There have been attempts by many, after the suicide of Hyderabad University scholar Rohith Vemula, to separate his death from the context surrounding it. This is not a Dalit issue, said Human Resource Development Minister Smriti Irani. It's a matter of depression, wrote Manu Joseph in the Hindustan Times. 'He's not even Dalit,' insisted many of the Bharatiya Janata Party's supporters, who were happy to blame it all on a Congress-liberal conspiracy.
Senior journalist P Sainath, who has spent decades covering rural India, took the mic at a protest against the administration of the Hyderabad University and delivered a speech that attempts to put Vemula's death in context. Although he starts off with ad-hominem attacks against Irani, Sainath goes on to explain how people have attempted to explain away Vemula's death.
"They say Rohith's suicide is a depression suicide, it has nothing to do with discrimination and all the things you are talking about," Sainath says. "One question is, why are some classes and castes in society more depressed than everyone else? But, there is a more cruel and venomous insinuation in this: This is not emotional depression, they are treating it as a mental health issue... this is inborn."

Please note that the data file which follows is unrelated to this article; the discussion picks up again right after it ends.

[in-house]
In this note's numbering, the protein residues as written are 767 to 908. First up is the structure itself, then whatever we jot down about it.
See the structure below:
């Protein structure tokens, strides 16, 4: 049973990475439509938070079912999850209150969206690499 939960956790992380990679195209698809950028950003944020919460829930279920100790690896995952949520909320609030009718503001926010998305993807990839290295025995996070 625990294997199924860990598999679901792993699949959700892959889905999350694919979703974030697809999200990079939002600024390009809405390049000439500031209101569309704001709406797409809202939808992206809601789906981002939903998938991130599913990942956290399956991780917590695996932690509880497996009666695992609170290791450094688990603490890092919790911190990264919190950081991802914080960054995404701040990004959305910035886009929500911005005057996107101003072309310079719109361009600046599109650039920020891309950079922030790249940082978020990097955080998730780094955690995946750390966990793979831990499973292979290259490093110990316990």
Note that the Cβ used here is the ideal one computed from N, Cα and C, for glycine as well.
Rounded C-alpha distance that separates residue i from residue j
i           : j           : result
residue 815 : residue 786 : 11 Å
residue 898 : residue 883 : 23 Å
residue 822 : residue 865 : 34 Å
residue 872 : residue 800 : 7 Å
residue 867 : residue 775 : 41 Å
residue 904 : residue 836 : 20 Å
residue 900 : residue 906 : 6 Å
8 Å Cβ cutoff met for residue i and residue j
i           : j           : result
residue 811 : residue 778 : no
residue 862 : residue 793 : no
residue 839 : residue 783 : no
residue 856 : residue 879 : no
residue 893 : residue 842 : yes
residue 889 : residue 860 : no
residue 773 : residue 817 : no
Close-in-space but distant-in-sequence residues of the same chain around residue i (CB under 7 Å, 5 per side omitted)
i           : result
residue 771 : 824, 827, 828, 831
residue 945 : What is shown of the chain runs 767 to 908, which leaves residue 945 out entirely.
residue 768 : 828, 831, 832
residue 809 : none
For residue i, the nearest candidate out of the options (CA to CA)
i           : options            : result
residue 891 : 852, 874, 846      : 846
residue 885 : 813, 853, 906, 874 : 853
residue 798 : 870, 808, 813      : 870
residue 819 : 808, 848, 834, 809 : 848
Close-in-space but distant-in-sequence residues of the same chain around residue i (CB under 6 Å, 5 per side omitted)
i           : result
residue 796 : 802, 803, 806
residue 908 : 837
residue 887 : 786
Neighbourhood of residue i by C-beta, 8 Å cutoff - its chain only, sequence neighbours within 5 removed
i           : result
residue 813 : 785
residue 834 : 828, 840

Sainath attempts to explain to the audience the exact nature of inequality in this country. He points out how a minuscule portion of the country's rural population have actually had access to higher education, and furthermore, how the national average for Dalits is lower than even that number.
"We're talking about a discrimination that is structural, social, economic and now being legalised," Sainath said, referring to the new restrictions on those who can contest in local elections, which disproportionately affects Dalits.
"Students of University of Hyderabad, you have taken this battle to the next level. You are in the process highlighting much larger issues, which is what I think I read from the tragic suicide of Rohith Vemula. A long time ago, French writer Victor Hugo wrote that there is nothing on earth that can stand in the way of an idea whose time has come. In India in 2016, I think that time has come. And the idea, is justice: social, economic, cultural, gender and for Rohith and a billion other Rohiths," Sainath said.